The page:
In the heart of Winter Park Florida is a precious little garden and museum devoted to the sculptor Albin Polasek.
Founded in 1961, the Albin Polasek Museum & Sculpture Gardens holds an art collection focusing primarily on American representational sculpture, with over 200 works by Czech-born American sculptor Albin Polasek.
The museum offers guided tours of the historic Polasek residence and chapel, an outdoor sculpture garden and a gift shop. We took an unguided tour of the sculpture garden. It was paved and accessiible – a real treat!
The museum is the retirement home of 2004 Florida Artists Hall of Fame inductee Albin Polasek, is listed on the National Register of Historic Places and is one of only 30 members of the National Trust’s Historic Artists’ Homes and Studios.
Born in the province of Moravia (now Czech Republic), Albin Polasek immigrated to this country as a young woodcarver in 1901. He later attended the Pennsylvania Academy of the Fine Arts in Philadelphia and the American Academy of Art in Rome. During his influential artistic and educational career, Polasek won many awards for his works and was commissioned to create numerous public sculptures now found throughout Europe and America. Polasek dedicated his life to encouraging the study, appreciation and furtherance of representational art.
“I am like a piece of rock which has been broken off of the Carpathian Mountains in the heart of Czechoslovakia. Later this crude stone was transported to the Land of the Free: the United States of America. This block of stone was myself.
Through the opportunities that this country gave me, I started to carve out my destiny, to free myself from the rock so that I might be useful. No one knows the deep gratitude I feel for all that I have received.
So if, as an immigrant, I have been able to contribute to some small part of American life, I know that I owe it to the opportunities this country has afforded me.”
Albin Polasek retired to Winter Park, Florida in 1949 after nearly thirty years as the head of the Department of Sculpture at the Art Institute of Chicago.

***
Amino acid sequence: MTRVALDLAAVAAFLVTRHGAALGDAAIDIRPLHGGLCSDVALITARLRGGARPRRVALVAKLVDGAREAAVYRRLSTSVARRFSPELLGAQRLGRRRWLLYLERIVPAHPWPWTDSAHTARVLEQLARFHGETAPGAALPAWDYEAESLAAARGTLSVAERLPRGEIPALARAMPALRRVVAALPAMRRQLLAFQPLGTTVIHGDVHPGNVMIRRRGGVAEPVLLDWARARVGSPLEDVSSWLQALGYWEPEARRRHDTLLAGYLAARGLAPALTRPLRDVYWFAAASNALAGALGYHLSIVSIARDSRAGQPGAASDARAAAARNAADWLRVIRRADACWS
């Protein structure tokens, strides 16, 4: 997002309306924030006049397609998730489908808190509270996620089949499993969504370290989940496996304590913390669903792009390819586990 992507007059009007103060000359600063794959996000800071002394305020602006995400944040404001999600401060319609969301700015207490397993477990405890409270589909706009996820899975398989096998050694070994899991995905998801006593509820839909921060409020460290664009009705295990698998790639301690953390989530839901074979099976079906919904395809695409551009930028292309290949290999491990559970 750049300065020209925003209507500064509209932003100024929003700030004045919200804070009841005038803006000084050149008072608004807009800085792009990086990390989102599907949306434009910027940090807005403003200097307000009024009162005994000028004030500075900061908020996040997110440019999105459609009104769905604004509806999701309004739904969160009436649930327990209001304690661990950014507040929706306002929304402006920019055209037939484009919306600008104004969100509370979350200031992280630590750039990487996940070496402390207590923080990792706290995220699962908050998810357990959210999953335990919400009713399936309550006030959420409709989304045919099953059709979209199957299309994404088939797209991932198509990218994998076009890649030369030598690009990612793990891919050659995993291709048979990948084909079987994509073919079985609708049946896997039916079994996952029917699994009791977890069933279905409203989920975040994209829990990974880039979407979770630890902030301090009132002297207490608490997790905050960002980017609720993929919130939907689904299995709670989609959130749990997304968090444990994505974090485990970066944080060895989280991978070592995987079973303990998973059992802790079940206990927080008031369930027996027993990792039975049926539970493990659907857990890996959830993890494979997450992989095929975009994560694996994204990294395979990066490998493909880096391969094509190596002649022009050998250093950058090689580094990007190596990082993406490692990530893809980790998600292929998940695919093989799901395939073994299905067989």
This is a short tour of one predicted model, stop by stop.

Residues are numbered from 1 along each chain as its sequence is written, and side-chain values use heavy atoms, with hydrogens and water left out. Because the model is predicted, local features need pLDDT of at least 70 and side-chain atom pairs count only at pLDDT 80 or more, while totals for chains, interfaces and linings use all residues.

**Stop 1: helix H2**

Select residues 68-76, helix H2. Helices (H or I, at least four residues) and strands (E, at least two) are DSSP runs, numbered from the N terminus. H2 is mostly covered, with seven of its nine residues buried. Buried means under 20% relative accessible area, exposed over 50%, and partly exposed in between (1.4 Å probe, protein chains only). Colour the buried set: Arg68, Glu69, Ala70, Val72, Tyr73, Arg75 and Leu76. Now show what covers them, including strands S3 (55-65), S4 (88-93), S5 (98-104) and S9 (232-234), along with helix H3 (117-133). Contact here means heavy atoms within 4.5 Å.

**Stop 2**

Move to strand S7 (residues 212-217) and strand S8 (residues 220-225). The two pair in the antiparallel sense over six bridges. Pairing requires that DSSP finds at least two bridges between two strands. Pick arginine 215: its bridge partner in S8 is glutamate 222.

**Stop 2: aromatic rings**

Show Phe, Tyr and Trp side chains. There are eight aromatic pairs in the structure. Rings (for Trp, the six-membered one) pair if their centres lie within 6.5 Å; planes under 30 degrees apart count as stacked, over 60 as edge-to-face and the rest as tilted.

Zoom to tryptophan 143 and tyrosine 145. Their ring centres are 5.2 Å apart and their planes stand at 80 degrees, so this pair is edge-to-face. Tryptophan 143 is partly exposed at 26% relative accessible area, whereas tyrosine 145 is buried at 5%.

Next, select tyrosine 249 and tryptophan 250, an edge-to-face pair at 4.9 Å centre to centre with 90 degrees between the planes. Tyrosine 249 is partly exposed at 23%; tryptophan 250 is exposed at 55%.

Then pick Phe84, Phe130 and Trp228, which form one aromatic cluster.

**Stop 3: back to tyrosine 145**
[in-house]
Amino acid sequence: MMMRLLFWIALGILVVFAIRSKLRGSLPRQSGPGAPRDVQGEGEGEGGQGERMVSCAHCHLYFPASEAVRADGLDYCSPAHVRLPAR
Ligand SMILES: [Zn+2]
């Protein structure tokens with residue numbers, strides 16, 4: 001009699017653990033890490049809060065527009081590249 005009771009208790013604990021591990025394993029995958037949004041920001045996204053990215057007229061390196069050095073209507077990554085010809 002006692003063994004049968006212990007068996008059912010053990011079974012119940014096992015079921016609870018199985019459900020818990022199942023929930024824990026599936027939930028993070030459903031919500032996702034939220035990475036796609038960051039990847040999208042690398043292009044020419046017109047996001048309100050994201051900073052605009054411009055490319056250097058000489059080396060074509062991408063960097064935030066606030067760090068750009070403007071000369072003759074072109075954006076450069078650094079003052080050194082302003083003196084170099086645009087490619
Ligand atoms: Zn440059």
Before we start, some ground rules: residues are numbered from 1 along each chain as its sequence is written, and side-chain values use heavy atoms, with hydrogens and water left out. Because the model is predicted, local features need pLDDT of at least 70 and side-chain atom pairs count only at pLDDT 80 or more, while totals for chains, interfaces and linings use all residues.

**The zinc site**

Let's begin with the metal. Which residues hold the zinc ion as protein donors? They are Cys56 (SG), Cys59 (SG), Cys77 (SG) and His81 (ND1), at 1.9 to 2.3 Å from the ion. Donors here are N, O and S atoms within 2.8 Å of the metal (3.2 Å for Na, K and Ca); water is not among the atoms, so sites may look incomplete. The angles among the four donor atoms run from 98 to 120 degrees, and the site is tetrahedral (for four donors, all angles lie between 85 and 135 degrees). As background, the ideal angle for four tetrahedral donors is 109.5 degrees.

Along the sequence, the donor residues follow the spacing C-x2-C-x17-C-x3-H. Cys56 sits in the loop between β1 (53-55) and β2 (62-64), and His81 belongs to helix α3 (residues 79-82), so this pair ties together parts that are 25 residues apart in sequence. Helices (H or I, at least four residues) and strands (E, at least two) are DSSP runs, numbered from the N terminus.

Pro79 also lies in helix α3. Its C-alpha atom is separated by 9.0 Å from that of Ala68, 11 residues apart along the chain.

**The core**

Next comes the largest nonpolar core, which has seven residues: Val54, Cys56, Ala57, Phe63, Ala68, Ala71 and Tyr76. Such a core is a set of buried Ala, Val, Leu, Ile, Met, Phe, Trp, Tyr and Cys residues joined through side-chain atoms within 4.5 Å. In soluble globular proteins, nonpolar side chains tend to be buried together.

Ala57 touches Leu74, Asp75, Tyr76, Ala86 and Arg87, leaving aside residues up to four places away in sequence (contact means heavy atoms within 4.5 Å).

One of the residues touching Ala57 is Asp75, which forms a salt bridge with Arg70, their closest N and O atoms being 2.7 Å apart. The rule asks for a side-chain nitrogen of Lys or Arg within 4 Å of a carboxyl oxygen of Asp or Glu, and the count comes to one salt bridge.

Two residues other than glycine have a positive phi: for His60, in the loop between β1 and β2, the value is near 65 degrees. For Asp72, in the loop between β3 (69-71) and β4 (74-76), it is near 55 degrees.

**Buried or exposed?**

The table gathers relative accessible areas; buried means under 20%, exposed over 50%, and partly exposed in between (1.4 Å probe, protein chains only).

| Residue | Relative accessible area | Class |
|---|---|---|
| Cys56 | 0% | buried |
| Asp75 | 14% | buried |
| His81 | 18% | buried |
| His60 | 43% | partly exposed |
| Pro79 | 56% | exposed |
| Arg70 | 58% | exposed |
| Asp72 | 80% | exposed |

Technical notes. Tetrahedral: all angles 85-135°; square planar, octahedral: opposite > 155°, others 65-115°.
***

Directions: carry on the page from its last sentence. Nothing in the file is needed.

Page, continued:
In 1961, the Albin Polasek Foundation was formed at the sculptor’s request, and his gallery was opened to the public as a museum.
In addition, the Foundation has contributed to the culture of Winter Park and Central Florida in many ways since then. Contributions include the donation of sculptures Forest Idyl and the Emily fountain to the City of Winter Park, the long-term loan of Man Carving His Own Destiny to the Winter Park Public Library,
art scholarships to the University of Central Florida, Rollins College, Crealde School of Art, the Pennsylvania Academy of the Fine Arts, Brown University and the Art Institute of Chicago.
A sister-city relationship between the City of Winter Park and Polasek’s hometown of Frenstat, Moravia, was established in 1996.
Beginning in 1998, the museum’s trustees renewed their commitment to actively promote Albin Polasek’s legacy based on a coordinated, long-range improvement plan. In 2008 the museum was re-roofed and re-painted with privately generated funds.
This ongoing plan focuses on renovating and expanding the museum, increasing public awareness of the museum and developing cultural and educational programs.
As a result of these efforts the museum was added to the National Register of Historic Places. Albin Polasek was awarded the honor of Great Floridian 2000 and was inducted into the Florida Artists Hall of Fame in 2004.
In 2008 the Albin Polasek Museum and Sculpture Gardens was added to the National Trust’s ‘Historic Artists’ Homes and Studios’ – an exclusive group with only 30 member organizations throughout the country, including the homes and studios of sculptors Daniel Chester French and Augustus Saint-Gaudens.
There is a special vibe about the way the sculptures in the garden “nest” in the garden and borrow from the lake and climate.
We were able to stop and meditate throughout the garden on its many resting places in sun and shade.
But what captured us most was the majestic subjects sitting in a home setting, and without one overpowering the other.
Perhaps it the majestic greenery in the garden that matched so well the sculptures, or maybe the way the Florida weather just seems to make us bask in the warmth without asking much from us in return.
Everything is so green, yet eye-popping reds and flowers and other growing spectacles capture the visual landscape around each statue.
And then we turn a corner and are captured again by another masterpiece asking nothing but to be noted or just remembered for another time and place.
We must obey, and follow, and tuck its memory into the recesses of our minds and pull out when we are home and need a lift or a tender sight or just a place for our eyes to light.
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